Google to Flag Apps That Snoop Without Permission

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The updated policy will help Google to reduce unwanted and harmful behavior on Android.

More importantly, this policy will extend to apps that have not been downloaded from the Google Play Store.

Google is introducing changes to its Safe Browsing policies, requiring Android apps to display their own privacy warning if they collect users' personal data. This includes putting the complete text of the privacy policy in the app itself. "Additionally, if an app collects and transmits personal data unrelated to the functionality of the app then, prior to collection and transmission, the app must prominently highlight how the user data will be used and have the user provide affirmative consent for such use".

The new policy is applicable to all functions of an app. The regulations will come into place in the next "60 days" - let's say, February 1- and a Safe Browsing/ Google Play Protect warning will be shown on all pages leading to the non-compliant apps. If the requirements listed are not met, warnings may be shown on user devices through Google Play Protect or on webpages that lead to these apps.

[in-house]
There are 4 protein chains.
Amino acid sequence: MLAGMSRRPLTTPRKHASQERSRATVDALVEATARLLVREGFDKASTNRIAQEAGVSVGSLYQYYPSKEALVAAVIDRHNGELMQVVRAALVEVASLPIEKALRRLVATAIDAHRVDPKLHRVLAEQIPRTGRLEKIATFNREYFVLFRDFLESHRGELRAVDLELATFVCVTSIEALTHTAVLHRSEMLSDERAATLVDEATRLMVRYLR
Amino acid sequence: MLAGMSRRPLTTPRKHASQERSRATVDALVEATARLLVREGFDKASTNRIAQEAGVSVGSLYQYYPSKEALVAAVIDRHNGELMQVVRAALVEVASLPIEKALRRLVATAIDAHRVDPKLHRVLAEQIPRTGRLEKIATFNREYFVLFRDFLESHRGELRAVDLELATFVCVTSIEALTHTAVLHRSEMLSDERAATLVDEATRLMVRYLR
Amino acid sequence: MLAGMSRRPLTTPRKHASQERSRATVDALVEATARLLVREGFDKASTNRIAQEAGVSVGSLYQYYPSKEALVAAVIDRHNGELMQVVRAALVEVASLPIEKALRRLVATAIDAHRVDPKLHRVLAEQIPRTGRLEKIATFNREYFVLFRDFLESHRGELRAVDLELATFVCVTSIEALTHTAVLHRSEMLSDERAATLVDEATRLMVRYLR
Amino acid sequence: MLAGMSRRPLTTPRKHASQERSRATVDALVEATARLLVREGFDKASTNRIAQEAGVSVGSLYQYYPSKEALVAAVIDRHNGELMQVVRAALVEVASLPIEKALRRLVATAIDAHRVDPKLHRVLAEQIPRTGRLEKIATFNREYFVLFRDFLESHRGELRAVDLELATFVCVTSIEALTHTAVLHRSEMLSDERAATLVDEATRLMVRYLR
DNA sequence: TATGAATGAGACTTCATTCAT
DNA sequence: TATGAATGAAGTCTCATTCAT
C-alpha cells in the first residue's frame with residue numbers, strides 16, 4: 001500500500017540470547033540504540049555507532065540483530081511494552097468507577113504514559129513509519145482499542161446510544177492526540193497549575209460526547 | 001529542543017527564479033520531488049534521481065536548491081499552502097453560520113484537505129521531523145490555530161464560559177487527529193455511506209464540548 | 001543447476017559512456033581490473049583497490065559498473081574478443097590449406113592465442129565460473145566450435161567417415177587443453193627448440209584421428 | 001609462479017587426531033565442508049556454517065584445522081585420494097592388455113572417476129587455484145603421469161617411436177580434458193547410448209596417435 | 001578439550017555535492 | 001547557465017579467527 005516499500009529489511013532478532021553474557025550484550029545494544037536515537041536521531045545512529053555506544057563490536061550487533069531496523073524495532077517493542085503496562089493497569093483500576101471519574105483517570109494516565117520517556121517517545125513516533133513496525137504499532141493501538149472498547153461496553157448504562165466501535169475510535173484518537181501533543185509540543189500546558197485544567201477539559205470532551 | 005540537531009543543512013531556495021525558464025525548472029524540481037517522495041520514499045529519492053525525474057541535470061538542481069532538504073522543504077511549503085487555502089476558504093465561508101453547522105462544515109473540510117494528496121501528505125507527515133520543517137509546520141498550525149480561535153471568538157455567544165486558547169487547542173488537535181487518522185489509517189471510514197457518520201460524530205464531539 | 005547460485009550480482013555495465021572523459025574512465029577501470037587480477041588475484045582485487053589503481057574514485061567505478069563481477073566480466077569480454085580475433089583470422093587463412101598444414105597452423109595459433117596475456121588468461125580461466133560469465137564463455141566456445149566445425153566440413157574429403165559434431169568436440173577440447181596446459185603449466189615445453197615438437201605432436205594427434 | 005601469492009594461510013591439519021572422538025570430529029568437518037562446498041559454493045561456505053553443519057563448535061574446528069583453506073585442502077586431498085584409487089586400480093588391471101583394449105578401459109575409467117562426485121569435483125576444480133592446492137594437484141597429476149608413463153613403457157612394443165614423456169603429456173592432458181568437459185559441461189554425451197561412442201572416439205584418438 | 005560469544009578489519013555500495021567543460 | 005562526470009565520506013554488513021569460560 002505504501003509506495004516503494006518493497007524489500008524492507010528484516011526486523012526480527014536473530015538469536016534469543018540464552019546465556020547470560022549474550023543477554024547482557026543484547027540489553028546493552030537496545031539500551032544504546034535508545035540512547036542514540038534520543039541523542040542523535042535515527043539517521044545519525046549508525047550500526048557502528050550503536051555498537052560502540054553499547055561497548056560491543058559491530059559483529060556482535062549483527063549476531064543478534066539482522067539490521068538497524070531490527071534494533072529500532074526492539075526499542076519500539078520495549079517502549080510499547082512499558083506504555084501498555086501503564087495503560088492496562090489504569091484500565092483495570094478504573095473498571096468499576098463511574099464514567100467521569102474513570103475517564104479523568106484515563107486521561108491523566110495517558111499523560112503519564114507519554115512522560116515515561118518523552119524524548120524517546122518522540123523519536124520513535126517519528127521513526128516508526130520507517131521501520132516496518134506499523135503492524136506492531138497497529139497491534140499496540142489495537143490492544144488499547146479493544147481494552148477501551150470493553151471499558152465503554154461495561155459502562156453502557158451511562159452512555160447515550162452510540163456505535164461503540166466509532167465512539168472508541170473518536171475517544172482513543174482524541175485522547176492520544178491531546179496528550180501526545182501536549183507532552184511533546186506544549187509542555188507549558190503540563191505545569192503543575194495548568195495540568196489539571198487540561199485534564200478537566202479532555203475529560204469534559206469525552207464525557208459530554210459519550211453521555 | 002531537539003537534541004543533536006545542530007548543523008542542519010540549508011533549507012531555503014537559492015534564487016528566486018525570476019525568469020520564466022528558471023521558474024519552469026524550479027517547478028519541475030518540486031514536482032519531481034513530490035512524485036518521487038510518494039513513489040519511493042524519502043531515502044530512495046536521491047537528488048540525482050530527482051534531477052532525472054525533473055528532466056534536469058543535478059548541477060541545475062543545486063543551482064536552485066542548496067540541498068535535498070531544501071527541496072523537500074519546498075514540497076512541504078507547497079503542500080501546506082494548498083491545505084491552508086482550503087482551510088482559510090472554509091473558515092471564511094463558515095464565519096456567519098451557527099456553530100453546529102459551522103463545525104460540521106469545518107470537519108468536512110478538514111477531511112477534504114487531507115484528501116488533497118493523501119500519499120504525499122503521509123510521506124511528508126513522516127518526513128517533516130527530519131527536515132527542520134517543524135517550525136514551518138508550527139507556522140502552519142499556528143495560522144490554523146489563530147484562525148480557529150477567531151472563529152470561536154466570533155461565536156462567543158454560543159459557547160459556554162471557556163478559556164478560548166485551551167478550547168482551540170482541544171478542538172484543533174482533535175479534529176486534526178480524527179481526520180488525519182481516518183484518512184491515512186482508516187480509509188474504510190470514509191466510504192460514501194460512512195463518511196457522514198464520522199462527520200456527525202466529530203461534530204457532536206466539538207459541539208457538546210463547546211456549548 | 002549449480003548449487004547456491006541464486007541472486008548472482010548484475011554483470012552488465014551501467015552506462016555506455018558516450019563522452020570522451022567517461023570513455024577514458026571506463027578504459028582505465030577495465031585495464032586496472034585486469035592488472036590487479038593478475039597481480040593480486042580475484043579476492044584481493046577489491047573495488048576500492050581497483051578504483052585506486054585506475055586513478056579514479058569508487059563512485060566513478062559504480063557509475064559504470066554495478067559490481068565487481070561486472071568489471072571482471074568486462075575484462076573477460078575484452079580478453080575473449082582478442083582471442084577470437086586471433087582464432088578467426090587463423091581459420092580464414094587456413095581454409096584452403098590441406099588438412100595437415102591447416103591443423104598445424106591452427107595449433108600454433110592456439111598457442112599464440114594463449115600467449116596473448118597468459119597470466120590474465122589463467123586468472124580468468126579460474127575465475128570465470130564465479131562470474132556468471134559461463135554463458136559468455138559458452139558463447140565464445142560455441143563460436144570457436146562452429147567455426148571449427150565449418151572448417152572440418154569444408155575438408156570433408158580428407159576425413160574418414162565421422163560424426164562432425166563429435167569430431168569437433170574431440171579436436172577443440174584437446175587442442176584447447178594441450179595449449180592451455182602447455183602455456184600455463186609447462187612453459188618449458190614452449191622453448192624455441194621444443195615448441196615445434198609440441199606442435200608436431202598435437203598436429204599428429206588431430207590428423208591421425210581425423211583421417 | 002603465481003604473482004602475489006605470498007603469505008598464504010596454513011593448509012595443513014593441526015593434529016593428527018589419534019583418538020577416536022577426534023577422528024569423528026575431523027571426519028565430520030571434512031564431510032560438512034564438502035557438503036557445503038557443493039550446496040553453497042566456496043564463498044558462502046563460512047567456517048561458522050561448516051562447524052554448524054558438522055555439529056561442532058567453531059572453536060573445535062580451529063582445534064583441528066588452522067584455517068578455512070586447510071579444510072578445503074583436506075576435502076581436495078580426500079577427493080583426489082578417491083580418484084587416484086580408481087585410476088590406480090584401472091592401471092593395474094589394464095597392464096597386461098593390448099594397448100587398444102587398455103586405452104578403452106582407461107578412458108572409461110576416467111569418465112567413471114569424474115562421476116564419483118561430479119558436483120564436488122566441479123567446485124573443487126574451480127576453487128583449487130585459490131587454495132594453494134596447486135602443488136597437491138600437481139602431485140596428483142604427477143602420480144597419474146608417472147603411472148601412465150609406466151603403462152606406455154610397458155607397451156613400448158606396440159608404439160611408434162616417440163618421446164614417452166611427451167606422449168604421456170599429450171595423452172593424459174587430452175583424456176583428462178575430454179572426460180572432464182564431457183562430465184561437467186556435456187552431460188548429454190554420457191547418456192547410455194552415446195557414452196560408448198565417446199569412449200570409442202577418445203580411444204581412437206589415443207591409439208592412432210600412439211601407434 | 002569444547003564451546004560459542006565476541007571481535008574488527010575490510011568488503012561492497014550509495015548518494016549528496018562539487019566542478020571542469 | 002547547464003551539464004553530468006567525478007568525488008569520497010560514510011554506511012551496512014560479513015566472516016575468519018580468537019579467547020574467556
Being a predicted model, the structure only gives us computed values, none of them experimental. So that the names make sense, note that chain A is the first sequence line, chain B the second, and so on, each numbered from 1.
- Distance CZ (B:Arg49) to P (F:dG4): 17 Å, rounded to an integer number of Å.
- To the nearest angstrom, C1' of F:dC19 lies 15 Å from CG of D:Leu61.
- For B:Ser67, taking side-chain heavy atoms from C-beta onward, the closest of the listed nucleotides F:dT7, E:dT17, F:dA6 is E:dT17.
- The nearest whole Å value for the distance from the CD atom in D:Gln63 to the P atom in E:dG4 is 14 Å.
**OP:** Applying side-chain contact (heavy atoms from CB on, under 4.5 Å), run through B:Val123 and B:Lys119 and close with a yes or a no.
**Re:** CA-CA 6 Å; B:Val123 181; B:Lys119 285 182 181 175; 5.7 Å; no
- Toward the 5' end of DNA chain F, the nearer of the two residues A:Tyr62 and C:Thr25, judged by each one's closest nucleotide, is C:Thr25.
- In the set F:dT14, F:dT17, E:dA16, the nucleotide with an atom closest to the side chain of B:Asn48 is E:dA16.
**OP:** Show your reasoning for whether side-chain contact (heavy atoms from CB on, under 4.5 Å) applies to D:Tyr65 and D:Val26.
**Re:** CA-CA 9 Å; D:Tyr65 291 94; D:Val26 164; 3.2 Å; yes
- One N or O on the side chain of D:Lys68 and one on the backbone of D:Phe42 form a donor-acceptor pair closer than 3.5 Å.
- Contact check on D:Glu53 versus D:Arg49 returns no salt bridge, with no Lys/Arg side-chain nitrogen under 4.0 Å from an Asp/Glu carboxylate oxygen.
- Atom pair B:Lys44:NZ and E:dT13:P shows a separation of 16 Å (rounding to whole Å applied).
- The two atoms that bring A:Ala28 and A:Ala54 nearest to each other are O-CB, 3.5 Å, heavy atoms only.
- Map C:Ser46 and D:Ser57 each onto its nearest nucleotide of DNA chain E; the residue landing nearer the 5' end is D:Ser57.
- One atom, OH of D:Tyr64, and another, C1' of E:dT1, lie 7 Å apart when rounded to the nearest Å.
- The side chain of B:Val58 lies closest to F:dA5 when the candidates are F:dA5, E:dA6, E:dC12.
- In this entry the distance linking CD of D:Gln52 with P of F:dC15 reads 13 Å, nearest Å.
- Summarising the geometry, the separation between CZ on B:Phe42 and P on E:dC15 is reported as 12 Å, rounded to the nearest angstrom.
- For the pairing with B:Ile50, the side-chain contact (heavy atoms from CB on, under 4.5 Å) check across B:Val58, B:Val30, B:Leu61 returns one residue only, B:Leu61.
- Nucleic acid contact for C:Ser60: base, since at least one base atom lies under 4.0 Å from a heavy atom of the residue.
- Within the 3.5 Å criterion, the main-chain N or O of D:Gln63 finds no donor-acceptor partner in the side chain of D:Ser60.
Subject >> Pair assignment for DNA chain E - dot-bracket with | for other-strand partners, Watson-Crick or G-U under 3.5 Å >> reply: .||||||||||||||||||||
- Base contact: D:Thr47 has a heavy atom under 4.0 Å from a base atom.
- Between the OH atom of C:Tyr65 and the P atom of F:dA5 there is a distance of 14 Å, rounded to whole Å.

It must also be displayed within the normal usage of the app and not be buried in settings.

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The affirmative consent request dialog needs to be presented in a clear and unambiguous way.

In order to avoid Google's ban hammer, Android app developers must follow a series of rules regarding user data collection and disclosure.

Popular apps such as Uber, Spotify, and Tinder use Google's Crashlytics crash reporting feature to access insights into people's behaviour.

Websites owners that attract a Safe Browsing warning will need to follow the usual processes in the Search Console if they want to resolve the warnings.

The Safe Browsing team is giving developers 60 days to update their apps towards this direction.